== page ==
Over the years Tim Price has amused, bemused and enlightened readers of thewealthnet, Money Week and The Spectator with his commentaries on the idiosyncrasies (or should it be idiocies?) of contemporary financial markets. He has also provided signposts for investors intent on preserving and growing their wealth to navigate safely the pitfalls that seem to be an endemic feature of financial markets.
A chief investment officer at three different wealth management firms who now runs his own firm, Price Value Partners, Mr Price has distilled his views about financial markets along with his investment philosophy in a new book called “Investing Through The Looking Glass: A Practical Guide To Irrational Financial Markets” .
In essence the book consists of two parts.
The first provides a sort of Socratic dialogue outlining the the problems faced by anyone attempting to successfully navigate financial financial markets without seeing their wealth evaporate. The second, and much shorter part, provides solutions to the problems
Long-term readers of Mr Price will recognise both the problems (banks, central banks, economists and financial theorists, fund managers and financial journalists) as well as the solutions (adherence to a classic Benjamin Graham value investing strategy coupled with allocations to trend following funds and gold within a diversified portfolio). Indeed, they may even recognise some of the text.
As always Mr Price writes beautifully and is always provocative and insightful. And just in case readers don’t have the stamina to complete the book Mr Price helpfully provides a 71 point Modern Investor’s Manifesto that encapsulates its essence.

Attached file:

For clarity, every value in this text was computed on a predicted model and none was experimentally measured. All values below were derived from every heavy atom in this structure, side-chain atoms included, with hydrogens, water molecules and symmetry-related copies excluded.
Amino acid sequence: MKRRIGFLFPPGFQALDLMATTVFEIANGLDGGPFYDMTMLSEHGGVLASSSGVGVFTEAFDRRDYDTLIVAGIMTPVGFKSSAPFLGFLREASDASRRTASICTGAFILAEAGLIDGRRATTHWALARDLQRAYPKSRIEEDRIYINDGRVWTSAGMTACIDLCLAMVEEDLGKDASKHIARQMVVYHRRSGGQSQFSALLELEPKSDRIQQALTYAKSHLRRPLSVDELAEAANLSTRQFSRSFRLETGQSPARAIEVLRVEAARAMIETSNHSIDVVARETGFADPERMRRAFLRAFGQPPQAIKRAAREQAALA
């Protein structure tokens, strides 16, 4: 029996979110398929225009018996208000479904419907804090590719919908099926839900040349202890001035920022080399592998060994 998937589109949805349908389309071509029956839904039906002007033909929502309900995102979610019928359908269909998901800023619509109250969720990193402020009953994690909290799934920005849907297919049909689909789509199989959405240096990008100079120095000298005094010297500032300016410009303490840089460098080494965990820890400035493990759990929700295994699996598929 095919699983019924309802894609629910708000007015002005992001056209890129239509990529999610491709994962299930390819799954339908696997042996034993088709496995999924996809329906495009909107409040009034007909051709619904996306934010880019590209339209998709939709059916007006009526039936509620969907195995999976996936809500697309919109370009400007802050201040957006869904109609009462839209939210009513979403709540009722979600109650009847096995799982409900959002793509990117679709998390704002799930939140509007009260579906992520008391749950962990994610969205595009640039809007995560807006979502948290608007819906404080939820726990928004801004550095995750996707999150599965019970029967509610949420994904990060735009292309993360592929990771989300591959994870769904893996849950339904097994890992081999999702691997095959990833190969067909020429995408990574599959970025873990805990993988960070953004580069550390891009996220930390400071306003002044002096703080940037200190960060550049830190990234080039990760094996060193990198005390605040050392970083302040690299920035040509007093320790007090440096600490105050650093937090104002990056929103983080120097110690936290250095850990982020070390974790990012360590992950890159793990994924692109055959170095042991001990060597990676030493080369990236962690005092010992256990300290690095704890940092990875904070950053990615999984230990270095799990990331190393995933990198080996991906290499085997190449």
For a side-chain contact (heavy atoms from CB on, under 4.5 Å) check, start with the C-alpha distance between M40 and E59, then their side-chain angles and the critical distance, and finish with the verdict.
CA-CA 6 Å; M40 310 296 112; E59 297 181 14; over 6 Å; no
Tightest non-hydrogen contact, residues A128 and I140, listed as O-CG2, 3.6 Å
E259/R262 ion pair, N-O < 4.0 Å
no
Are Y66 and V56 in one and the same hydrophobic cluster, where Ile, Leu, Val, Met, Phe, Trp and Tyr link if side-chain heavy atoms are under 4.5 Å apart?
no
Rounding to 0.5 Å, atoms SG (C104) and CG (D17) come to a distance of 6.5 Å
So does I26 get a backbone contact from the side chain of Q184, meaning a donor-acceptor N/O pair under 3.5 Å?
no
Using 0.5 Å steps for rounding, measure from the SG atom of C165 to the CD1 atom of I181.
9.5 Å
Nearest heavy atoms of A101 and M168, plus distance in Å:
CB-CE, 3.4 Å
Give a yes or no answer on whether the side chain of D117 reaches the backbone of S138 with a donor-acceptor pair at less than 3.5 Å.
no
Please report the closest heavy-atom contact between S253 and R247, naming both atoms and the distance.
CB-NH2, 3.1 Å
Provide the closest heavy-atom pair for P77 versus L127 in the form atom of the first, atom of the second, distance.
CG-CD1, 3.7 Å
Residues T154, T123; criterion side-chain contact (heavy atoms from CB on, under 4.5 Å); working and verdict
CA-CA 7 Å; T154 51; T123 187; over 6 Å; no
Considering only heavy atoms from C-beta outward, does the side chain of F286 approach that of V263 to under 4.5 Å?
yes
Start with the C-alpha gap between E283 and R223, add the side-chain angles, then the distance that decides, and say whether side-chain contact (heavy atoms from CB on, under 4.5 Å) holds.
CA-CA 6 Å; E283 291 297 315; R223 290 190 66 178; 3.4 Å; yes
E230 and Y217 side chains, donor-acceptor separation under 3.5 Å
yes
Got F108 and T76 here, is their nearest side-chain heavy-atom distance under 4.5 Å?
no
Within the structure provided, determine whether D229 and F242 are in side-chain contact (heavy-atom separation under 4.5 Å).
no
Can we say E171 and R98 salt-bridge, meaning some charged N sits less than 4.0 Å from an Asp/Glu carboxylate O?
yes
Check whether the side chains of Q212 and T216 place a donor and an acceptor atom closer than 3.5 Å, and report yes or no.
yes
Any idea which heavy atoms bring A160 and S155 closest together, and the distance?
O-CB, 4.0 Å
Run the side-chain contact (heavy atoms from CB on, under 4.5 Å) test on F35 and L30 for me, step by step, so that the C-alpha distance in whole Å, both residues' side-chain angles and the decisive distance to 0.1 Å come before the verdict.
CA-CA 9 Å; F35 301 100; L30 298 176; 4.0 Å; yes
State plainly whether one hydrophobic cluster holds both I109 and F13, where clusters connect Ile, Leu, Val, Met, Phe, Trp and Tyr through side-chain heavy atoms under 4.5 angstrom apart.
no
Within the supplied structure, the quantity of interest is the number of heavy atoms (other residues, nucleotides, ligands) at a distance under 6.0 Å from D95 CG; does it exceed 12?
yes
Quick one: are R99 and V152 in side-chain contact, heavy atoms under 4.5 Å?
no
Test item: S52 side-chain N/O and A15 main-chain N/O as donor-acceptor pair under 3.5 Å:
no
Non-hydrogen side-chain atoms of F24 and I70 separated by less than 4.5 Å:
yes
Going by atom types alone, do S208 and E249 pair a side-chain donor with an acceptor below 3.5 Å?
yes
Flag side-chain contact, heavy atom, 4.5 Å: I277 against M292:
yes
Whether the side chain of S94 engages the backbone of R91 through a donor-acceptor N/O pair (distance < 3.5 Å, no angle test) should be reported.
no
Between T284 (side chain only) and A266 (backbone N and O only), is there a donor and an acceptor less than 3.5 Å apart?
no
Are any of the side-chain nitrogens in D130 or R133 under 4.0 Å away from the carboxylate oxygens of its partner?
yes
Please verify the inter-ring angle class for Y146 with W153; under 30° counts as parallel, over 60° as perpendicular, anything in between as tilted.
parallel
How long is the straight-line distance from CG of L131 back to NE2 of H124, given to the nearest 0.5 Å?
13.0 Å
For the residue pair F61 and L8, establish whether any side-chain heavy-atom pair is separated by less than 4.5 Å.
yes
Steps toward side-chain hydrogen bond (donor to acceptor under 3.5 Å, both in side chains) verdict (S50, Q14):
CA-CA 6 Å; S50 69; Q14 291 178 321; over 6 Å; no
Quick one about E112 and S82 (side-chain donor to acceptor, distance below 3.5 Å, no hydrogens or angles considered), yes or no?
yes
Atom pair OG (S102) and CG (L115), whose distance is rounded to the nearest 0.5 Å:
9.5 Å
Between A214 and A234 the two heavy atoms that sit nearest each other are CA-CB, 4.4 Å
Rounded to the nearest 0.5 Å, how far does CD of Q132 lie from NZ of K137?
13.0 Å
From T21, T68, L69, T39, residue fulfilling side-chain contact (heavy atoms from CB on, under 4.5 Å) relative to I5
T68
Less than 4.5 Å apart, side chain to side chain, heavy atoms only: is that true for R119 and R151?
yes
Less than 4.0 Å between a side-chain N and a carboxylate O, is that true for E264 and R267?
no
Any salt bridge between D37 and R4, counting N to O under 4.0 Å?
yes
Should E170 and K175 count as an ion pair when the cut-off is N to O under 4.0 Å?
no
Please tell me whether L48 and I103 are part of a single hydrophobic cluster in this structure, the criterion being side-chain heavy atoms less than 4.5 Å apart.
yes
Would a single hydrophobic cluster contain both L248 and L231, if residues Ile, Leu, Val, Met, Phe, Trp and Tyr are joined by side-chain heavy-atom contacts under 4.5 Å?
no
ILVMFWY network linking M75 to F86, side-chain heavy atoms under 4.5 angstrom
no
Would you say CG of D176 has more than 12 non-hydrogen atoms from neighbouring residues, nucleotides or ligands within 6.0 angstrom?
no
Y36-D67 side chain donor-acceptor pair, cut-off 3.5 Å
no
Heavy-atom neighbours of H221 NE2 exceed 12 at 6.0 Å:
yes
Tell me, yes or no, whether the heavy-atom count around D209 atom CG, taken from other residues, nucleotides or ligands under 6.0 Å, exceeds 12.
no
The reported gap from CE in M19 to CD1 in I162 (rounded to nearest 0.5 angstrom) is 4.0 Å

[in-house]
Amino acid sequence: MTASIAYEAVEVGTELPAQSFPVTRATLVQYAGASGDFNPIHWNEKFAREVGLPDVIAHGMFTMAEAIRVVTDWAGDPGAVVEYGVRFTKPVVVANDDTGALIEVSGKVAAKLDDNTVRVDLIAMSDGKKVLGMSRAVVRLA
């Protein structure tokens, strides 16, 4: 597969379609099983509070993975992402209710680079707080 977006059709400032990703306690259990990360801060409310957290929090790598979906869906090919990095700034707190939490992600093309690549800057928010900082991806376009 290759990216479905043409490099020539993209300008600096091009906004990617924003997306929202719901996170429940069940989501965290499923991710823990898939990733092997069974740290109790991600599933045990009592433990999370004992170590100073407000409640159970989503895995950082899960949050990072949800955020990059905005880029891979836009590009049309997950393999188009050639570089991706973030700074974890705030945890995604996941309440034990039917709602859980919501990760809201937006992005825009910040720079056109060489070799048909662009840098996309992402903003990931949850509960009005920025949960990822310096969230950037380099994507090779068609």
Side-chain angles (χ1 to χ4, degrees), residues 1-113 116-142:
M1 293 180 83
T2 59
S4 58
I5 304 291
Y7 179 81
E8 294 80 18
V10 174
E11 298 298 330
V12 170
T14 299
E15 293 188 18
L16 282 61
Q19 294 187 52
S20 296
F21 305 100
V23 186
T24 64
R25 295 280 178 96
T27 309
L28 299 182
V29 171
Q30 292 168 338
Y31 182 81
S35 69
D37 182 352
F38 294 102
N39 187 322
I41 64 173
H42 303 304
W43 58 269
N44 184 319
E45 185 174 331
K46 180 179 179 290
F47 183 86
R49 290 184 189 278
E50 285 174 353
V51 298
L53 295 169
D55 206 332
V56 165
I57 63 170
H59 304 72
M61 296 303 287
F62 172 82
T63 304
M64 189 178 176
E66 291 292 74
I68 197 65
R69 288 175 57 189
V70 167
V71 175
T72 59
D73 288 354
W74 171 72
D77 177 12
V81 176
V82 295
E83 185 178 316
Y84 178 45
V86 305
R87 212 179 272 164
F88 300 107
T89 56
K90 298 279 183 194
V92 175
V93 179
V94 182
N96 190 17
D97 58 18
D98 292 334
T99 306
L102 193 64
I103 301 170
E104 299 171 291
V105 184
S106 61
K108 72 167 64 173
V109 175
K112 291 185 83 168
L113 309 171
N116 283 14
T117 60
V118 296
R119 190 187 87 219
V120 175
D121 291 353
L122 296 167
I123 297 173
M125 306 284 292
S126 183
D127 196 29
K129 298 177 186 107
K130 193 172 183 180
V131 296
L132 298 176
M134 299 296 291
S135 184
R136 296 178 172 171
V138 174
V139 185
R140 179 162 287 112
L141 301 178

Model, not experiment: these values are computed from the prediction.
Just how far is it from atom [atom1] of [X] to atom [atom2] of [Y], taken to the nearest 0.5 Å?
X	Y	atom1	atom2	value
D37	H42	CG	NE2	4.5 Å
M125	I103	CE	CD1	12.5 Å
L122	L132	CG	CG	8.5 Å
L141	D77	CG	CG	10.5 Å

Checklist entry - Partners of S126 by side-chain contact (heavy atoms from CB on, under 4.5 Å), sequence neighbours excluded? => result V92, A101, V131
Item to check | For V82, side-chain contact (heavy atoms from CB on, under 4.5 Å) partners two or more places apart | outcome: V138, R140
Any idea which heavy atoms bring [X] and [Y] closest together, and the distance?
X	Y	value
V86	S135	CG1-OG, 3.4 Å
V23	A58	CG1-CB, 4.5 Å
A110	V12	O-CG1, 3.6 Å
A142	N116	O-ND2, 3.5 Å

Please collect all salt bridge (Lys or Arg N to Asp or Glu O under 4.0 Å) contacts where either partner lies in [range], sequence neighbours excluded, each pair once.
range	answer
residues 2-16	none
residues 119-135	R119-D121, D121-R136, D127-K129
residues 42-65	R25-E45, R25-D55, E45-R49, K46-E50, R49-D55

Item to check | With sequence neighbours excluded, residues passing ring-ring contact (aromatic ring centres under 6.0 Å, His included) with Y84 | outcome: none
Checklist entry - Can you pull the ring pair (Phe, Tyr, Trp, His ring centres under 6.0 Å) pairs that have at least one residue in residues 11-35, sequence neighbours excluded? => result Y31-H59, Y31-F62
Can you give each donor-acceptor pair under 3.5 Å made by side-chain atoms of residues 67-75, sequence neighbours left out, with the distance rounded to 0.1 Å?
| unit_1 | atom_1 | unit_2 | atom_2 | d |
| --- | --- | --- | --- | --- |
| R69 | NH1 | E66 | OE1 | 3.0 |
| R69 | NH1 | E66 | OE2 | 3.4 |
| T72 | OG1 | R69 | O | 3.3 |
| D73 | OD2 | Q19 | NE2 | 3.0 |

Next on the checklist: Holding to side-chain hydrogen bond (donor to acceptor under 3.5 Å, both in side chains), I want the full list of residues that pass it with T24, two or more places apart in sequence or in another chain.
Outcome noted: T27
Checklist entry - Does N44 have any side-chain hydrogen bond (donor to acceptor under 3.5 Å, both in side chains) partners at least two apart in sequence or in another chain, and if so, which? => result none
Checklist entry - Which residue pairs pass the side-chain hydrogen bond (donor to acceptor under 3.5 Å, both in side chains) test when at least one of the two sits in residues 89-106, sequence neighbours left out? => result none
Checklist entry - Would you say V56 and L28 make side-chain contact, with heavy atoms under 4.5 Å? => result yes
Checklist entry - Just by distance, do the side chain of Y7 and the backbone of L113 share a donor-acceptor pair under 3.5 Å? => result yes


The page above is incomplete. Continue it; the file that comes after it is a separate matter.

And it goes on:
Although it often feels that as a result of the actions of economic policy makers, and especially central bankers, it is much more difficult for investors to keep heads above water, the reality can be different.
Unconstrained by index-based benchmarks private investors are much better placed to grow their wealth, while maintaining its integrity, than their institutional peers. “Investing Through The Looking Glass” shows how this can be achieved.
The road to success may not be straightforward, however, especially if the investor follows Mr Price’s advice of following a value investing approach. Patience, and a long term perspective, are the essential attributes necessary to secure success. And these can be problematic for many investors as Mr Price acknowledges.
“Value investing sometimes requires patience for the market to wake up to the inherent value of listed businesses with the appropriate characteristics,” he writes. “This can be a problem for impatient investors, a point highlighted by the Canadian value investor Peter Cundill, who remarked that, “The most important attribute for success in value investing is patience, patience and more patience. THE MAJORITY OF INVESTORS DO NOT POSSESS THIS CHARACTERISTIC.”
Patience may also be required when it comes to using trend following funds (always assuming, of course, that one can access them in the first place). Some of the world’s most successful investors may have adopted a systematic trend following approach, as Mr Price helpfully points out. But the returns associated with this approach, though often significant, seem to have a habit, at least in recent years, of occurring over relatively short time frames.
The basic problem of using a value-based investment strategy, or indeed any approach that requires patience, is that the expected returns may not materialise within the investor’s time horizon, something anyone that has a pension fund and is close to retirement will realise all too well.
The corollary of adopting Mr Price’s approach to investing is that it must form part of a properly structured portfolio irrespective of whether or not markets are rational, something “Investing Through The Looking Glass” overlooks.
But for anyone that does have a long term perspective “Investing Through The Looking Glass” provides a roadmap for growing, as well as preserving, wealth.